The company has offices in Kuala Lumpur, but Mr Wissman sees real potential in the Singaporean initiative to push the arts envelope. Having travelled widely and participated in the arts debate round the world, there is weight to his observation that Singapore is doing all the right things for classical music, from hardware – the Esplanade – to investing in niche areas like the Yong Siew Toh Conservatory of Music.

He comments: ‘I first came to Singapore many years ago; over the years I have seen few places that have tried so hard in such a concerted way to build an arts environment. You often hear today that the arts are ‘dying’ but I disagree. I feel it’s the traditional arts cities like New York that are facing problems in terms of keeping it fresh and relevant. Developing centres for the arts – whether Dallas, Lithuania, Shanghai or Singapore – is where the new energy is. I’ve seen a lot of new building going on, cultural centres come up, in all these places and I’m quite hopeful.

‘The arts are extremely relevant – in making us stop to think of what we are as human beings. It is part of our identity, part of overall nation building,’ he says; and adds, bringing the discussion back to dollars and cents, ‘it also helps the tourist business. Singapore is a good place to do business. It has access to both India and China, yet because there is a strong mix of cultures here, isn’t identified too strongly with one or the other.’ With classical music appearing as a recurring leitmotiv in our conversation, it’s no surprise to hear: ‘I started out as a pianist.’ In fact, he started very young, performing on the piano with well-recognised orchestras from age 11. ‘Then my father died and I got involved in his business activities.’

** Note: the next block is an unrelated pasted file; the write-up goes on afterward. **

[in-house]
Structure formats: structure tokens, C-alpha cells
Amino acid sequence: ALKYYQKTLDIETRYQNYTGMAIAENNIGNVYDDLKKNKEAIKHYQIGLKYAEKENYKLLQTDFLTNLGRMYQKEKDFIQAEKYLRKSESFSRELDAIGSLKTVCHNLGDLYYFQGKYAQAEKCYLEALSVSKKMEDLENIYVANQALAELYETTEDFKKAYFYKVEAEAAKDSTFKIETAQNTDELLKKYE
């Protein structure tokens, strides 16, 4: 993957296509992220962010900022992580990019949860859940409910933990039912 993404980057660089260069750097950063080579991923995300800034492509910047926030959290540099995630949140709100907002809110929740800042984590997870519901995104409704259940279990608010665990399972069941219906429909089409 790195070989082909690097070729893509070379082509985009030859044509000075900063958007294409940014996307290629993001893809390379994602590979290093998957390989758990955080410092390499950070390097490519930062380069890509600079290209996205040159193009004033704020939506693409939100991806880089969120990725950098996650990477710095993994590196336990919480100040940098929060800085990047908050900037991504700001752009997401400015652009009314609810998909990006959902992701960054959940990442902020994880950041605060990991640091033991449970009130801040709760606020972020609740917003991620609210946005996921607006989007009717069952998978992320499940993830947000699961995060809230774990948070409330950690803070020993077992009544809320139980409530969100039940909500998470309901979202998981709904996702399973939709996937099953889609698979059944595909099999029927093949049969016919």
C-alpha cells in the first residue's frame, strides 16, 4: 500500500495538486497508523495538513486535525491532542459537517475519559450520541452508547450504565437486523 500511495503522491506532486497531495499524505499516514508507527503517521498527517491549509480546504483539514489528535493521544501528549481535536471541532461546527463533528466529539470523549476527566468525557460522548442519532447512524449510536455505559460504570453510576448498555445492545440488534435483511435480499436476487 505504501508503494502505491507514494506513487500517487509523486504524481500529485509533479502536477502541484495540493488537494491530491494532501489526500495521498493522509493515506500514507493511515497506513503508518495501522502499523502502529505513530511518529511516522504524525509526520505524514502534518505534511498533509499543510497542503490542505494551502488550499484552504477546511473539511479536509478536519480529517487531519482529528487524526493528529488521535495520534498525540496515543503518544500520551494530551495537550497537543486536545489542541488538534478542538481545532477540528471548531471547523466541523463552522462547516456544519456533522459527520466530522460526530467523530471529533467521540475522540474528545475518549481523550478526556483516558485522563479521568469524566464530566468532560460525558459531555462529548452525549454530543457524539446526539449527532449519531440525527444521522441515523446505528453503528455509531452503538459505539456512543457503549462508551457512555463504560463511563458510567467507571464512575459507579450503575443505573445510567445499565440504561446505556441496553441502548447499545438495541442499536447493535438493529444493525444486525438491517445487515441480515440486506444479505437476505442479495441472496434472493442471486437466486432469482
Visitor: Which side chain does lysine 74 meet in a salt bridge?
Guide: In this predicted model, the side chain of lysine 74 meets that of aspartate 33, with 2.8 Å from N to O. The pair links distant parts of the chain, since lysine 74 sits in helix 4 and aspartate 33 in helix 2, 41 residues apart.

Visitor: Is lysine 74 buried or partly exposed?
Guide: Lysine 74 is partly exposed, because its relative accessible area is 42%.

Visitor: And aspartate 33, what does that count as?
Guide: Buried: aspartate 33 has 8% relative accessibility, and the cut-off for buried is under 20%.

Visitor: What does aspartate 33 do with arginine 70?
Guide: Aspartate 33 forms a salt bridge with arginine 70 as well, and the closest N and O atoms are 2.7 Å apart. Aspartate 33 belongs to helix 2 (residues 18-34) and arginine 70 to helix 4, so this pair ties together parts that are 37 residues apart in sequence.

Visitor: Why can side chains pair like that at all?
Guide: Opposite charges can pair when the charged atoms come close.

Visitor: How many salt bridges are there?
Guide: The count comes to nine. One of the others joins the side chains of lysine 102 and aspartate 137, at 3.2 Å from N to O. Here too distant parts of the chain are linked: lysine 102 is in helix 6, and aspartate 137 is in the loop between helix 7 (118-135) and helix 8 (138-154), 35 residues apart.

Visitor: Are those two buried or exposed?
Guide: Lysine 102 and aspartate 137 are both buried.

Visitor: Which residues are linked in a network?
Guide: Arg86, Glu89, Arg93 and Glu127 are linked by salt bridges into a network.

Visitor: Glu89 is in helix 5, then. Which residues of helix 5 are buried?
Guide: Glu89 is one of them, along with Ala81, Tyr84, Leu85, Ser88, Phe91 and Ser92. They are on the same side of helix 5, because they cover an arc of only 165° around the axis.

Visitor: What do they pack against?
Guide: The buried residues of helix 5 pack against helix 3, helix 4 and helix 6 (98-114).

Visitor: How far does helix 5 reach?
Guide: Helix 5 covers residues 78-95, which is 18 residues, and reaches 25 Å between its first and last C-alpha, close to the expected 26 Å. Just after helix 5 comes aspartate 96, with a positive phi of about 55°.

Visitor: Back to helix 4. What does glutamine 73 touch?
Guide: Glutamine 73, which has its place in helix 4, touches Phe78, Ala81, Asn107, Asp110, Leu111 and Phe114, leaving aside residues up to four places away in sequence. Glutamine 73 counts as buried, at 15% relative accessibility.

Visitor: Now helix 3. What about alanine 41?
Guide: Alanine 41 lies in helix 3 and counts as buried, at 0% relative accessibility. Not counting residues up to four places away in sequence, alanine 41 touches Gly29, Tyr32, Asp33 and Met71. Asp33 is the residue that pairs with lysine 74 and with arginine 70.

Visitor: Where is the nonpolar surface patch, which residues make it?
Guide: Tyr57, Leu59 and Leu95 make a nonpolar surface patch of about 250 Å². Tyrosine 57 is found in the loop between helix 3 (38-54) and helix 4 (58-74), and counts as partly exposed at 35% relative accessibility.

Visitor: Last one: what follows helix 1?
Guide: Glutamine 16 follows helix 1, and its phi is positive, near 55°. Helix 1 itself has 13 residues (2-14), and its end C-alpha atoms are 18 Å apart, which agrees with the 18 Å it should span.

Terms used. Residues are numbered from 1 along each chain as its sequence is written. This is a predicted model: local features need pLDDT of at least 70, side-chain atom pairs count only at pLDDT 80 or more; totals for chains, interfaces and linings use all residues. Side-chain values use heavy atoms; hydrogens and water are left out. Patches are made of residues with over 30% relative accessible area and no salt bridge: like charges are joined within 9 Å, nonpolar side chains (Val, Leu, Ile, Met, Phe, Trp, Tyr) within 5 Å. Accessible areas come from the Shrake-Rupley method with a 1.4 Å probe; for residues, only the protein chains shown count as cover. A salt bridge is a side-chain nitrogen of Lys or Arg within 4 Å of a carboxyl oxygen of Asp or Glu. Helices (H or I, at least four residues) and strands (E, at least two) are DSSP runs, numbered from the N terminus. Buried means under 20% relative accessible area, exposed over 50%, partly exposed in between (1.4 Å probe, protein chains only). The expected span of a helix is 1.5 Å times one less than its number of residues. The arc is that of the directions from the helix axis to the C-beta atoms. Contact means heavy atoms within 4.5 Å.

He went into a successful business career, among other things making money backing Internet startups in the ’90s. Along the way he graduated cum laude from Yale University in economics and political science. ‘I got an advanced degree in music while I was an entrepreneur from the Southern Methodist University and the Accademia Chigiana in Italy, and continued to play at venues including St Johns Smith Square.’ He still plays from time to time, sometimes with his wife Nina Kotova, a professional cellist, who ‘swept him away’ when he saw her playing at a London concert. But as Mr Wissman admits, he is a perfectionist and if he does play, it must be well, a philosophy that he carries over into the business arena.

Part of his personal philanthropy has centred around the Cremona Society, an international organisation he created with an unusual mission: to collect and loan priceless instruments to deserving soloists. For this purpose the Society has bought more than 10 violins and cellos – each ranging in value from US$100,000 to several million dollars.

He still has diverse business interests, is a principal in several financial management and investment advisory companies, and is on the boards of several for-profit and non-profit enterprises. His asset management business, Arbitex, is largely handled now by efficient staff; he just overseas operations, but says: ‘We have products doing well.’

While he respects the goodwill that the name IMG Artists carries, he isn’t precious about it. ‘Historically, our company did not deal with the corporate sector. Again historically speaking, this is because funding of the arts in Europe comes from the state, and in the US from corporate philanthropy. But as the economic landscape changes, the arts must survive on an economic model in the future – and in order to do that it must involve the corporates. The corporate world does see increasing value in the arts. Corporate social responsibility – also known as philanthropy – is just one aspect. I’m talking more in terms of marketability and branding.’